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Old 02-22-2009, 01:02 PM   #32
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This thread brings to mind the dramatic device often used in ending 19th century Russian plays: Actor stands alone on stage, curtain closes behind him, spotlight on his face, he looks off into the future.
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Old 02-22-2009, 02:25 PM   #33
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8. There are fewer and fewer great innovations/innovators compared to the previous century. Things like transportation, technology, etc have made great leaps and bounds. Really the only innovation that can/will come this next century is in energy improvements (ie greener cars) and technology. At some point there will be nothing new and revolutionary to invent. Just think of everything you use on a daily basis that was invented in the last century. Someone/some entity made a fortune on that invention which ultimately benefited shareholders. I wouldn't consider things like an IPOD a great invention like a phone/photocopier/airplane,etc...it's a gadget and nothing more. YOu will see more and more gadgets and less true innovation.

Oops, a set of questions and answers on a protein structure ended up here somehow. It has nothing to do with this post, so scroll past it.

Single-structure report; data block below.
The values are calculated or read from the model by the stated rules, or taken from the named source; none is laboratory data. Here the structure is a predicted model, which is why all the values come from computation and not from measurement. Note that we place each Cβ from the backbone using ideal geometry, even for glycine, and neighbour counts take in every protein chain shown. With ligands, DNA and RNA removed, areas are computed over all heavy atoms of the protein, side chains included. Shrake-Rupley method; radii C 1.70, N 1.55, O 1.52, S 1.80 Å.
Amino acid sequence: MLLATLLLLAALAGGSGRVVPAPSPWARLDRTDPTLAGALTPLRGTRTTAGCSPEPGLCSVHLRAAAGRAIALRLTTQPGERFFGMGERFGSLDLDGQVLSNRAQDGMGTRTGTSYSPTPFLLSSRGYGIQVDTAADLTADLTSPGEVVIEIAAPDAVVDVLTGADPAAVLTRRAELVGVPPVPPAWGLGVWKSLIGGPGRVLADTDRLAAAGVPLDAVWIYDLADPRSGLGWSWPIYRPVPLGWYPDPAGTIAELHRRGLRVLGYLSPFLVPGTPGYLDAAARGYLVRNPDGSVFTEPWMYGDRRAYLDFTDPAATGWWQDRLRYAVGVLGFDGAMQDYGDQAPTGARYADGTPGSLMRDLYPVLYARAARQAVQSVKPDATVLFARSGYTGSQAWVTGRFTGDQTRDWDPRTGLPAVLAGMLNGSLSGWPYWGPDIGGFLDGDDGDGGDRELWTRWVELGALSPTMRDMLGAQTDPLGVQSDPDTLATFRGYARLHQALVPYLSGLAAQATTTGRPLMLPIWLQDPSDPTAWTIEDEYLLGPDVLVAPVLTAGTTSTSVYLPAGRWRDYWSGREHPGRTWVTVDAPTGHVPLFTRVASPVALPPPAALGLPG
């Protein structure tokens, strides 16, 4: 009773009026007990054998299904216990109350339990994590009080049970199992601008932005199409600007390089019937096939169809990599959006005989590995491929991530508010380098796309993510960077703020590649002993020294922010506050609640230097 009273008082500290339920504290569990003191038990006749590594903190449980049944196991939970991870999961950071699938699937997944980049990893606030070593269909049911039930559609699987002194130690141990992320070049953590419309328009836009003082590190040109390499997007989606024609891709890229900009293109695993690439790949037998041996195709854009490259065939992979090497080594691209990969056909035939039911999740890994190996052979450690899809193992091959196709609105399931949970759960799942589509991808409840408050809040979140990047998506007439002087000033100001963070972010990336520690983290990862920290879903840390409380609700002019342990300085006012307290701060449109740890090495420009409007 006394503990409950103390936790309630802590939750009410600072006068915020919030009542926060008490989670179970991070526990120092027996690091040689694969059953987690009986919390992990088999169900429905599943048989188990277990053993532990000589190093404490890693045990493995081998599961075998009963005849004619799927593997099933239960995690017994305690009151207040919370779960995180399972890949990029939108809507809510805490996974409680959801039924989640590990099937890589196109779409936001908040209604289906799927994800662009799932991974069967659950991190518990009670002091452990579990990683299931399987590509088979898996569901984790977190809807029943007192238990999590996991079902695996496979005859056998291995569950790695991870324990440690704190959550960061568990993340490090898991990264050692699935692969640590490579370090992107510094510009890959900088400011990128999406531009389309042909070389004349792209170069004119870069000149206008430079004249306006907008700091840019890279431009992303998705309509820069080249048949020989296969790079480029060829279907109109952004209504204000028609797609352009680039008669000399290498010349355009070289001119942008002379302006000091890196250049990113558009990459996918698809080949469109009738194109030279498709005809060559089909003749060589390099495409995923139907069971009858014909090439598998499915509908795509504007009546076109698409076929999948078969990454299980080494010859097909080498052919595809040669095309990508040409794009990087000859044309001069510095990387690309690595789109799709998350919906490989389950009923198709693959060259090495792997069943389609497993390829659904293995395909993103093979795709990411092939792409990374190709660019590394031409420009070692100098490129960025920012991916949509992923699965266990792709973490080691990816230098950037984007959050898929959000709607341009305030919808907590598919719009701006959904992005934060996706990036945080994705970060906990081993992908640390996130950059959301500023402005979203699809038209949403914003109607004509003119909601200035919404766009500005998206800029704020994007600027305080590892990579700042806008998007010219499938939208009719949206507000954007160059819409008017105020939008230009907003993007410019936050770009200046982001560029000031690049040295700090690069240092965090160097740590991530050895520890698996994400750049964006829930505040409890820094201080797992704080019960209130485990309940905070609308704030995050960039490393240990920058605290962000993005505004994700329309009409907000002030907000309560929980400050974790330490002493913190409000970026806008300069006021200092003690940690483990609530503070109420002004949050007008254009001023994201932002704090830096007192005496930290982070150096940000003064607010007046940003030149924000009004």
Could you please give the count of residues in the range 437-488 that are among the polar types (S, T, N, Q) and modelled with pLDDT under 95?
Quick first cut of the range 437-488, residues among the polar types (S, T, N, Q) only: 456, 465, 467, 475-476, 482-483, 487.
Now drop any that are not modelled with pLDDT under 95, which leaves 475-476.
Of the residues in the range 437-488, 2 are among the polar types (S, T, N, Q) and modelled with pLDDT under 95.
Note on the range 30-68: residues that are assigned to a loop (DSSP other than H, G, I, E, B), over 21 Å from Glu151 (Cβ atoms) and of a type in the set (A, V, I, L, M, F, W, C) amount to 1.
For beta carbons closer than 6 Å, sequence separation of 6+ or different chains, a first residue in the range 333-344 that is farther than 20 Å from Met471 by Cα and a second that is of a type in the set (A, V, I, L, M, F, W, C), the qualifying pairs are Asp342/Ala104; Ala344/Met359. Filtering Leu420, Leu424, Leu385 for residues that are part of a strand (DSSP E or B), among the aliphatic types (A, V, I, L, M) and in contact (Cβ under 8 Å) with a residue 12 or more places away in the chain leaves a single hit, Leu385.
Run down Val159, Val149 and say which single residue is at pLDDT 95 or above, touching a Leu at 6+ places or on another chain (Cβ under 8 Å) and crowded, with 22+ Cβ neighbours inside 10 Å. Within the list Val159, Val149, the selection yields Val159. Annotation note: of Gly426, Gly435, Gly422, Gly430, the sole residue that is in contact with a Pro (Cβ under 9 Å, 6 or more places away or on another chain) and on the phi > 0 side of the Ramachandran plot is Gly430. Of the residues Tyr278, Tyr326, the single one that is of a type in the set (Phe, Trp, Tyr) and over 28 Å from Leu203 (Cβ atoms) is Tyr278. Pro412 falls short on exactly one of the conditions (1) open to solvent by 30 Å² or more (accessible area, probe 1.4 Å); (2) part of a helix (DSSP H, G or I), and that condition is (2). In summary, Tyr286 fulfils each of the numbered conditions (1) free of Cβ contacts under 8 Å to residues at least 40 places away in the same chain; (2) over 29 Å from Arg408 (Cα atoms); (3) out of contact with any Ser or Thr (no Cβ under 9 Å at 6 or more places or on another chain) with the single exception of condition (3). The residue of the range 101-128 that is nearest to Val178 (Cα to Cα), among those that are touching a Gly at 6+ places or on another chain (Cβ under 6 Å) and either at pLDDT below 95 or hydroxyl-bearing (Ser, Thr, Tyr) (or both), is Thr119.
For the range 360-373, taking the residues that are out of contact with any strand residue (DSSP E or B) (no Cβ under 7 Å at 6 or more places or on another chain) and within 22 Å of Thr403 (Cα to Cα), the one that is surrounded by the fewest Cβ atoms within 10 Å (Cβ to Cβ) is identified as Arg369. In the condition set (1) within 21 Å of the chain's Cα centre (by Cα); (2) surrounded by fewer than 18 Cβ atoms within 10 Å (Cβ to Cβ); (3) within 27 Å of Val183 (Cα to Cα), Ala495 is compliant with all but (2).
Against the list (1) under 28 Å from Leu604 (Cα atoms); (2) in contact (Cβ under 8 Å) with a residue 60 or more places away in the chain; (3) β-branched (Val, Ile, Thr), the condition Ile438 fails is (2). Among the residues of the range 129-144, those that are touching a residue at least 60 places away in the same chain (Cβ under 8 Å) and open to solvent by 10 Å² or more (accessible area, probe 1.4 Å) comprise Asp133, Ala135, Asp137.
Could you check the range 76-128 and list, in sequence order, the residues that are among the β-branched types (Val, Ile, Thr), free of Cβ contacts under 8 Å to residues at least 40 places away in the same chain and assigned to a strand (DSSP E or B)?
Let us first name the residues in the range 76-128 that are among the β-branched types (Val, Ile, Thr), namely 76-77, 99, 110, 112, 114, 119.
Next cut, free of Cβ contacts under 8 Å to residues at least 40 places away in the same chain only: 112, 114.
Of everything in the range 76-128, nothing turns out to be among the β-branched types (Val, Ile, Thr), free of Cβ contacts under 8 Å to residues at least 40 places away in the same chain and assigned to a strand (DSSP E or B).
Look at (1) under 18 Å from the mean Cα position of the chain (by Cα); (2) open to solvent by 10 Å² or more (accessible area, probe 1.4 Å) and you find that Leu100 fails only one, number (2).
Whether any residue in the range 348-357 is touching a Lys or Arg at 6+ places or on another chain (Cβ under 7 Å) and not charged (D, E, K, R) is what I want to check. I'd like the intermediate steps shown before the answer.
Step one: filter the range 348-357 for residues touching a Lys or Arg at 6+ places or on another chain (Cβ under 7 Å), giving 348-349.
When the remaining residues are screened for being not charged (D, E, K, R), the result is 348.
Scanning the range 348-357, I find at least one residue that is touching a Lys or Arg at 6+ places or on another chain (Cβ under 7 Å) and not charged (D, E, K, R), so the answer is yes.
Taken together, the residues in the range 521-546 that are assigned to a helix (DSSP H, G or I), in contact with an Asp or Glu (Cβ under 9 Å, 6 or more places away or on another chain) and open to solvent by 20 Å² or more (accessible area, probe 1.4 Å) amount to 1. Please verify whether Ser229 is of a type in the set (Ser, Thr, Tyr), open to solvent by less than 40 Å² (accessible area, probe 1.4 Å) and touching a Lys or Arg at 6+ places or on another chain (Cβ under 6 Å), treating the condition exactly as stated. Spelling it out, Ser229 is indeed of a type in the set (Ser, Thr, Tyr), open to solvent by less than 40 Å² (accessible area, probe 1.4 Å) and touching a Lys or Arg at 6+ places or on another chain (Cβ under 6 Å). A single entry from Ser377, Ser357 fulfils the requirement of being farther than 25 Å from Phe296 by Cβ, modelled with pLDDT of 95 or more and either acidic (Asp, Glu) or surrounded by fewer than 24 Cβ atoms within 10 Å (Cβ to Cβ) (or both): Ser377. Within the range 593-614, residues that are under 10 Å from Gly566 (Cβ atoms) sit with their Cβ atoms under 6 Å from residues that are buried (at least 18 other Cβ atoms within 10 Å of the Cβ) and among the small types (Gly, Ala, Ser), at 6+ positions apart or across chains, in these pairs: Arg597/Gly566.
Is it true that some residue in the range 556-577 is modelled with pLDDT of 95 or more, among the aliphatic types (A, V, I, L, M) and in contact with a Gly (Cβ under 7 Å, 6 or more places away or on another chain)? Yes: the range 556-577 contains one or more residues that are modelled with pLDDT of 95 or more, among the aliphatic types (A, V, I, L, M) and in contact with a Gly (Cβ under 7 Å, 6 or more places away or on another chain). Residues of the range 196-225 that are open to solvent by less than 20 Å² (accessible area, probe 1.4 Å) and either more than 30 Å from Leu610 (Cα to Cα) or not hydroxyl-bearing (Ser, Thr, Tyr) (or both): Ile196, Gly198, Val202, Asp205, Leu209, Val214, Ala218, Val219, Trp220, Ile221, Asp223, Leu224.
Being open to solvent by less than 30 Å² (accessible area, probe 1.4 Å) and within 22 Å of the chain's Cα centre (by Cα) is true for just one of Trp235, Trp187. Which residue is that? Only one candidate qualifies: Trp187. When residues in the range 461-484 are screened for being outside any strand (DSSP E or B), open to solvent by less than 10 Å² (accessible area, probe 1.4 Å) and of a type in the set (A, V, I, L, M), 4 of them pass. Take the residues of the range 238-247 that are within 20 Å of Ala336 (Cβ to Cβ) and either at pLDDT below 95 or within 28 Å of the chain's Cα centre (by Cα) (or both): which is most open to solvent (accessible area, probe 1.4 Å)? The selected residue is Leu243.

The internet, mobile communications, robotics, artificial intelligence, bio-engineering, nano-technology . . . we've just scratched the surface of all that can still be accomplished. If anything innovation seems to be accelerating rather than slowing down.

Too many pessimists out there.
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Old 02-22-2009, 08:26 PM   #34
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accountingsucks, I agree with most of your points, except this one:

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8. At some point there will be nothing new and revolutionary to invent.